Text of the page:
The threat of the mosquito-borne Zika virus reaching the U.S. last year thankfully never approached our worst fears, with only a few locally spread cases seen in Texas and Florida. But a new report released Tuesday by the Centers for Disease and Prevention reveals that there were still young victims.
Collaborating with local and state health departments, the agency found that 1,297 pregnant women, located across 44 states, were suspected of contracting Zika during their pregnancy from January to December 2016. Of the 972 women who went on to give birth, 51, or 5 percent, delivered children stricken with Zika-associated birth defects. After only including women confirmed to have Zika through laboratory tests, the rate of birth defects rose to one in every ten births.
"The number of pregnant women with laboratory evidence of possible recent Zika virus infection and the number of fetuses/infants with Zika virus–associated birth defects continues to increase in the United States," the researchers concluded.
Compared to the pre-Zika era, they estimated that the risk of associated birth defects shot up by more than thirty-fold among women infected with Zika at any point during the pregnancy. Reaffirming previous research, though, the risk seemed to get even higher the earlier the infection happened.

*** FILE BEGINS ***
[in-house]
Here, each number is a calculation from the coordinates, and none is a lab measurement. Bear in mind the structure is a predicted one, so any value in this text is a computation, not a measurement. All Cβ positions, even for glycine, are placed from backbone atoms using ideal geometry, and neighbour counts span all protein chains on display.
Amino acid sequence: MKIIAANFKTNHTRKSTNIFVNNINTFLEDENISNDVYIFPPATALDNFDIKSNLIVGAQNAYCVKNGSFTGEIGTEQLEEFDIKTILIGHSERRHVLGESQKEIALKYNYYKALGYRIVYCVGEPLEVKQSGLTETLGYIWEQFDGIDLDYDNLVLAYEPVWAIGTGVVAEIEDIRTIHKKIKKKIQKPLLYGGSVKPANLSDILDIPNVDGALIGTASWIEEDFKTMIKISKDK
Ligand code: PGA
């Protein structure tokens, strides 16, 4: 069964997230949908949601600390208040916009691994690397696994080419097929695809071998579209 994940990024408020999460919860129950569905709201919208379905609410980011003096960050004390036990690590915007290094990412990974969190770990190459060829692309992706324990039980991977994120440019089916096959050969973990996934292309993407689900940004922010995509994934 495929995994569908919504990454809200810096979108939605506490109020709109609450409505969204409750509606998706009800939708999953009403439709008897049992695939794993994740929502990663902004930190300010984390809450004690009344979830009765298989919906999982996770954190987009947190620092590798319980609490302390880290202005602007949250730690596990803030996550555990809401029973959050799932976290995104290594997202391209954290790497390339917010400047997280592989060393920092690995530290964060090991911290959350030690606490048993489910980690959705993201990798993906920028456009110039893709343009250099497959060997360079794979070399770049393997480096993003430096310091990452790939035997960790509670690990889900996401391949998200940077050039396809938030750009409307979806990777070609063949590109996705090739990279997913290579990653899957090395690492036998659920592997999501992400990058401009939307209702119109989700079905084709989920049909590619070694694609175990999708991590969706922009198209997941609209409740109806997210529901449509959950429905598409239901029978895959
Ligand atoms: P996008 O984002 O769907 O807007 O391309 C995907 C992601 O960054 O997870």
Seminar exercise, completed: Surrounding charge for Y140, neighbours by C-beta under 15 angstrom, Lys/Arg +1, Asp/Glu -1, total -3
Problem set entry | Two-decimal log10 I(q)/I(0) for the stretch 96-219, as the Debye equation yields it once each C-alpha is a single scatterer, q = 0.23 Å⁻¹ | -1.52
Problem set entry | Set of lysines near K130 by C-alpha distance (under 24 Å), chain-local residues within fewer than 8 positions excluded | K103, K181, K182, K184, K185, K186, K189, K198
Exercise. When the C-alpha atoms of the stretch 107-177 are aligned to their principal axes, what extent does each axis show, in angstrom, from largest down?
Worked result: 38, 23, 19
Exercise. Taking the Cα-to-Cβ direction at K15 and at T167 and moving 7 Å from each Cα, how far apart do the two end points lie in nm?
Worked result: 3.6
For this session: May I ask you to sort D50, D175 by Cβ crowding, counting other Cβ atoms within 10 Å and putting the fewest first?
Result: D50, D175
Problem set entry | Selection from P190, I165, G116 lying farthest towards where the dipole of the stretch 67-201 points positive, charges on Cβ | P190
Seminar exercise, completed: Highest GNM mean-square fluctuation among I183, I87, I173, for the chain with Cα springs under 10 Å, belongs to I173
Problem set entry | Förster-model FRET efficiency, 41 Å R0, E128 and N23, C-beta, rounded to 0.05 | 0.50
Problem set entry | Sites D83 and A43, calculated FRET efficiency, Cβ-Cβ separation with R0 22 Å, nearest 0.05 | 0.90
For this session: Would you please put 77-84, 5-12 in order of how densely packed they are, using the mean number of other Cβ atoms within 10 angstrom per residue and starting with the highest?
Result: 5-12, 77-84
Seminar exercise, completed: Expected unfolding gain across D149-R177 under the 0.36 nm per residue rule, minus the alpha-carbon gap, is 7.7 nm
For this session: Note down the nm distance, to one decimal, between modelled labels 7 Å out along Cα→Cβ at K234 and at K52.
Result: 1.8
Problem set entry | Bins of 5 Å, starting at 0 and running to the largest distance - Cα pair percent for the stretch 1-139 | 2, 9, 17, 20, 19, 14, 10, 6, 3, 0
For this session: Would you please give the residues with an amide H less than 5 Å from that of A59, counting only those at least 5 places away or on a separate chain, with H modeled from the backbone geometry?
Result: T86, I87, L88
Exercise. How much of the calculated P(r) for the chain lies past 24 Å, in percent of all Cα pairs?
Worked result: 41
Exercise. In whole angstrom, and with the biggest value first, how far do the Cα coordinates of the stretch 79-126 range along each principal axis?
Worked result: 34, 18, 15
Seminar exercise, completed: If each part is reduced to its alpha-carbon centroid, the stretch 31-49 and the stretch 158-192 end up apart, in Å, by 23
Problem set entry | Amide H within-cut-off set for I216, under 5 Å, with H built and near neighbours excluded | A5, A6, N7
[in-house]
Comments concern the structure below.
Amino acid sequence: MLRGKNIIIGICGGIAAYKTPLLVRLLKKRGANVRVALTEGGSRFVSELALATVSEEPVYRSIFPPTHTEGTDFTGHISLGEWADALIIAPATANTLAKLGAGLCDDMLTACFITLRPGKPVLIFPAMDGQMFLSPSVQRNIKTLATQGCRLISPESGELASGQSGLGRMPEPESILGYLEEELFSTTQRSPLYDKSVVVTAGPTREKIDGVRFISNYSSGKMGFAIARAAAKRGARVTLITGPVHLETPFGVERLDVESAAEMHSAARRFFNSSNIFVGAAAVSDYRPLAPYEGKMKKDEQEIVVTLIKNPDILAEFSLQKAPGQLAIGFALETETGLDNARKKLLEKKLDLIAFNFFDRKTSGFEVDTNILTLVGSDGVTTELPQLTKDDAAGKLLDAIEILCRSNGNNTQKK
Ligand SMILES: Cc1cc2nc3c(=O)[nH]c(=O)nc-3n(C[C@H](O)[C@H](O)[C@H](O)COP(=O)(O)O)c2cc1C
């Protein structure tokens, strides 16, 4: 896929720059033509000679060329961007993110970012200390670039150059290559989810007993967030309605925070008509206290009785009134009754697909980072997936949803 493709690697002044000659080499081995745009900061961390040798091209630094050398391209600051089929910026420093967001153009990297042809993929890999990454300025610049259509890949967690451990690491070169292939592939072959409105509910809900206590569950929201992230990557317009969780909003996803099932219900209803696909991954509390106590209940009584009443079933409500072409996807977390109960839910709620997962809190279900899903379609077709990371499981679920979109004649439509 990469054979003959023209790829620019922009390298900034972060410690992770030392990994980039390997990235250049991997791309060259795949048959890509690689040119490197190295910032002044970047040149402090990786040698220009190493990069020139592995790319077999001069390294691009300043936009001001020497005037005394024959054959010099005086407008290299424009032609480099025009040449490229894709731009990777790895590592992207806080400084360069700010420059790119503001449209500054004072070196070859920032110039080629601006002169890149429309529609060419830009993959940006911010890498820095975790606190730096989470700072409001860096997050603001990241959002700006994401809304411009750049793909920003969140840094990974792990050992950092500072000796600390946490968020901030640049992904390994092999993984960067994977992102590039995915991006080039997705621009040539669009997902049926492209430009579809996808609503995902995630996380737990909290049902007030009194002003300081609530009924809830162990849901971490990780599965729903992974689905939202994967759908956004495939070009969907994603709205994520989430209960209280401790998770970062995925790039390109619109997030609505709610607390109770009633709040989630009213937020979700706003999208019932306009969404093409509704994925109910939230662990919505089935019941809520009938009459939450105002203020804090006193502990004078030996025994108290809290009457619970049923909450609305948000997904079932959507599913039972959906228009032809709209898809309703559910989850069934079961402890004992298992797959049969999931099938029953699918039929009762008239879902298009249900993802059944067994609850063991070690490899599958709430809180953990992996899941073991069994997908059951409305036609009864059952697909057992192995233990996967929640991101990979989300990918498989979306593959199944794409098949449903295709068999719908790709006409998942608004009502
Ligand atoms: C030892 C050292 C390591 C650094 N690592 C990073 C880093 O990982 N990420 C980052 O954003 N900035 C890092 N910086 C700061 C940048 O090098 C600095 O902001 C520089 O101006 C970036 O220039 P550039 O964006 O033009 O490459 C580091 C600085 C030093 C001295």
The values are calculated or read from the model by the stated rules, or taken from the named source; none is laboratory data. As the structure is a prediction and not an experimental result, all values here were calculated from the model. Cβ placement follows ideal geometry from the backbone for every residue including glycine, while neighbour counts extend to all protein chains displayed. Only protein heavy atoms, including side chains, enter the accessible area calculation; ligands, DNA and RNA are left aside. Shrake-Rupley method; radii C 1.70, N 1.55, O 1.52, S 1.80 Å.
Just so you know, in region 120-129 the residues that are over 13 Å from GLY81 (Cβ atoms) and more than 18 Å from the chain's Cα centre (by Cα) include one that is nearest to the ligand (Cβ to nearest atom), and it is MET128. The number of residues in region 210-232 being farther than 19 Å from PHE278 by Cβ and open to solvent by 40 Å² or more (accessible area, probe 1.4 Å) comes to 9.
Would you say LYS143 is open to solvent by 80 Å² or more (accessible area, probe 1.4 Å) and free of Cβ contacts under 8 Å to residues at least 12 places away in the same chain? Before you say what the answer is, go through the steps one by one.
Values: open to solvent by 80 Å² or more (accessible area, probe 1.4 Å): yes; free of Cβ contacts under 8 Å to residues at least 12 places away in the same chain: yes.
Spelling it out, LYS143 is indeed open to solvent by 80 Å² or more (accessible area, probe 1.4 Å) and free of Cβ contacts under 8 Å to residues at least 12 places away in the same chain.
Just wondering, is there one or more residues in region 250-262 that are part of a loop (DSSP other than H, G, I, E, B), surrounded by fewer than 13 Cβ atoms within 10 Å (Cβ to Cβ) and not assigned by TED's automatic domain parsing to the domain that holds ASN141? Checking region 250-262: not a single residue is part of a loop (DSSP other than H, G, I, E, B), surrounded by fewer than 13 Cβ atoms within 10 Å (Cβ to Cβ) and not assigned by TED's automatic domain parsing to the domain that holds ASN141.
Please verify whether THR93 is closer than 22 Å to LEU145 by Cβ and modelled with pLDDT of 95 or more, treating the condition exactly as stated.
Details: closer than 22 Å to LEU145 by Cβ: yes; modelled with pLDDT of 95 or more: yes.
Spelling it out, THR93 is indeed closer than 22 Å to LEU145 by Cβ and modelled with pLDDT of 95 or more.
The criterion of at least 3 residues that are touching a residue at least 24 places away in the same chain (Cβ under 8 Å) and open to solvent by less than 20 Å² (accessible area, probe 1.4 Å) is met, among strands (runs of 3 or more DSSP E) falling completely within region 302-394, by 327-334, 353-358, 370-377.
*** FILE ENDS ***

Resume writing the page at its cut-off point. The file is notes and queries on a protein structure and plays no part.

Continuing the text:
While microcephaly, or having a smaller-than-normal head, has become the symbol of Zika's impact on newborns, researchers have since documented a still incomplete laundry list of problems the virus is capable of causing — from hidden brain damage to frozen-in-place joints and blindness. In adults, Zika largely passes through without incident, with 80 percent not even experiencing any flu-like symptoms. But a rare few have also suffered an autoimmune disorder called Guillain Barre Syndrome, which can lead to muscle weakness, pain and even paralysis for months.
This upcoming May will mark the two-year anniversary of the first reported cases of Zika recorded within South America. Since then, the virus has spread rapidly across the Americas through the Aedes mosquito, and sometimes through sexual contact. In the U.S., however, the vast majority of cases were first contracted overseas during travel.
In the current tally, only one-fourth of U.S. infants born to women suspected to have Zika were given brain imaging tests after birth, meaning it's still possible we might be underestimating the harm Zika may have caused. Testing and keeping track of these children will be the only way to "ensure that appropriate clinical services are available," the researchers advised.
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